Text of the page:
There’s More to My Schizophrenia Than Voices and Hallucinations
With my recent medication change and more recent medication increase, I am reminded that even more than I am bombarded with voices and occasionally visual hallucinations, I am plagued by a lack of energy, motivation and sex drive.
Schizophrenia — more specifically for me, schizoaffective disorder — is far more than positive symptoms. I have found in life, the media and among my peers and family, an over-association of these positive symptoms when discussing and understanding not only my schizophrenia, but schizophrenia as a disease that affects many others. People often assume that if a person with schizophrenia is not actively psychotic or hallucinating, that they must be doing well. That, for some, is just not the case. There are days when I have to fight, really truly fight, with myself to get anything done. I just don’t have the drive, the motivation to do something as simple as a quick homework assignment, or the dishes becomes a monumental task. Some days I feel like I’m floating — like I’m outside of my body, and unable to connect enough to even get dressed. Other days I am filled up by a great void, so deep and dark that I have to go looking for myself again. Through dialectical behavior therapy (DBT), I have learned to cope with my hallucinations. I learned to process them in a way that allows me to live with them instead of fighting against them. But those negative symptoms, no amount of coping or mindfulness fills me with the energy to get done what I need to get done. It is a wonder I haven’t fallen behind. I spend most of the day fighting with myself over 10-minute tasks, half asleep, wanting to give in but forcing myself to get out of bed instead. And it isn’t easy.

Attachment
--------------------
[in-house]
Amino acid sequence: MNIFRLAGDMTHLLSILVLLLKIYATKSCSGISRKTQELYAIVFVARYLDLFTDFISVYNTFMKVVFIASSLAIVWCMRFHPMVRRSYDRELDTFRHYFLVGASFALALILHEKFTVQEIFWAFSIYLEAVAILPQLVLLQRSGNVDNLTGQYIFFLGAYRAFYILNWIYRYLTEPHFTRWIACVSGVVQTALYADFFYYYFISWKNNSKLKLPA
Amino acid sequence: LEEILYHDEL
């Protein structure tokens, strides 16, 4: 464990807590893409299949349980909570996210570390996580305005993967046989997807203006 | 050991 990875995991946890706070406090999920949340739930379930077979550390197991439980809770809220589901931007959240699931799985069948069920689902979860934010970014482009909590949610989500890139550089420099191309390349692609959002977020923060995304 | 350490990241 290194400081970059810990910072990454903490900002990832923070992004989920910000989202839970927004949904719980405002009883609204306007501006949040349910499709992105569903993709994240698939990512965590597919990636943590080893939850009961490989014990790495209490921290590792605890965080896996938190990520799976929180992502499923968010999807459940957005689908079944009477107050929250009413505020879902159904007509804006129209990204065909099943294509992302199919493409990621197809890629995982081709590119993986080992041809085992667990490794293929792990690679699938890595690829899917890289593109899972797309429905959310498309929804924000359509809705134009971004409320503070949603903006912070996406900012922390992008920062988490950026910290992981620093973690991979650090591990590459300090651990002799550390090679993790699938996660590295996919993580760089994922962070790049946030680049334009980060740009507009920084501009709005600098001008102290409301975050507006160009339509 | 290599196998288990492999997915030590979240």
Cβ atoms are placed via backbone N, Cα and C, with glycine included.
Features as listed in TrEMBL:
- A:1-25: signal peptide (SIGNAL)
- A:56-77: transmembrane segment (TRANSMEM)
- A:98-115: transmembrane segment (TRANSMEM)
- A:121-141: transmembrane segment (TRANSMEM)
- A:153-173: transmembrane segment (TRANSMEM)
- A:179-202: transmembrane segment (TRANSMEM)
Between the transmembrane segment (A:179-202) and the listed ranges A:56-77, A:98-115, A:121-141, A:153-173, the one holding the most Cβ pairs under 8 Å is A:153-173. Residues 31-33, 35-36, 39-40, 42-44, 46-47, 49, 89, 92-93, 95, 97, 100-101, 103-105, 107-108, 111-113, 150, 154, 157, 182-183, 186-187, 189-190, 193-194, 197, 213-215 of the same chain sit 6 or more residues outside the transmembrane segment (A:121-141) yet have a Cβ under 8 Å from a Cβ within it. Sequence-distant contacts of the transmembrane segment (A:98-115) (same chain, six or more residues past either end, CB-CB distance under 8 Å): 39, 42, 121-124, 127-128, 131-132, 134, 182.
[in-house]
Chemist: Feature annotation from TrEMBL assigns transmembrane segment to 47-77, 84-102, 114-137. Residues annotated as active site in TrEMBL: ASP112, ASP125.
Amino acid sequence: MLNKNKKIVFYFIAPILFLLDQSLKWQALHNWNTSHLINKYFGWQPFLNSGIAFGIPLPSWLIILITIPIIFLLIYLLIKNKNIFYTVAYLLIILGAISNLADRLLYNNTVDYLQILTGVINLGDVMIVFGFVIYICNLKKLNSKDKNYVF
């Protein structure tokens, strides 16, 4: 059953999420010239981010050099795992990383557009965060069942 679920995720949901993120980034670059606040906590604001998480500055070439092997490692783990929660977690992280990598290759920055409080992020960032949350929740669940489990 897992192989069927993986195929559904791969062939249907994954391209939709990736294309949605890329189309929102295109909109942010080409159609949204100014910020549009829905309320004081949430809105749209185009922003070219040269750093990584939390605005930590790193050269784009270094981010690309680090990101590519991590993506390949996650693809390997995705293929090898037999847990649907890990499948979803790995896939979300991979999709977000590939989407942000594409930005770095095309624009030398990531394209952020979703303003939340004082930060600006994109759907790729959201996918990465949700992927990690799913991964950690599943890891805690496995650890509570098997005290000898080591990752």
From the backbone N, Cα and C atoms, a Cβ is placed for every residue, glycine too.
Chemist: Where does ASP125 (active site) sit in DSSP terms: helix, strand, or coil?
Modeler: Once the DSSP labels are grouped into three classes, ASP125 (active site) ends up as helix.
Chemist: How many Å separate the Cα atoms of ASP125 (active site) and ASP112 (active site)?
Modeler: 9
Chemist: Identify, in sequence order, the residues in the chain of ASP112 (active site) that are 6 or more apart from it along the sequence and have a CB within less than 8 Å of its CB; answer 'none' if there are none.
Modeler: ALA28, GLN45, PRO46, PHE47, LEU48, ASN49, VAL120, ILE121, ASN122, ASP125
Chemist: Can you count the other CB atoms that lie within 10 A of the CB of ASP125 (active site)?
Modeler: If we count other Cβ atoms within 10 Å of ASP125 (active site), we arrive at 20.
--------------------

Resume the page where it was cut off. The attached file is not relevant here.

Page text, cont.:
How do you describe a complete lack of motivation? It is an absence, a wanting, a needing, but not being able to find. It’s wishing someone had tied a rope around your waist so that you could follow it back. It’s needing to do something and just being unable to do it. It’s wrestling with an invisible part of yourself. And it’s unending.
I’m good at keeping up appearances. The house takes an hour to clean and I spend six convincing myself to get up and do it. But, eventually, it gets done. It’s easy to take a pretty Instagram photo and sign below it a beautiful caption. Nobody has to know. Even if they did, I wonder if they would truly understand.
You hear a lot of people say, “It’s OK if all you did today was breathe.” But they don’t understand the shame of just breathing while the world seems to move on without you. It is OK if all you do is breathe. Sometimes all you can really, honestly do, is breathe. It’s OK if all you did was the shower, or tackle a few dishes, or finish one homework assignment. It’s OK even though it doesn’t feel OK. I think so often people who say these things don’t understand the incredible burden of illness. The incredible burning of trying so hard and still getting nothing done.
And it really is OK.
Tomorrow isn’t going anywhere.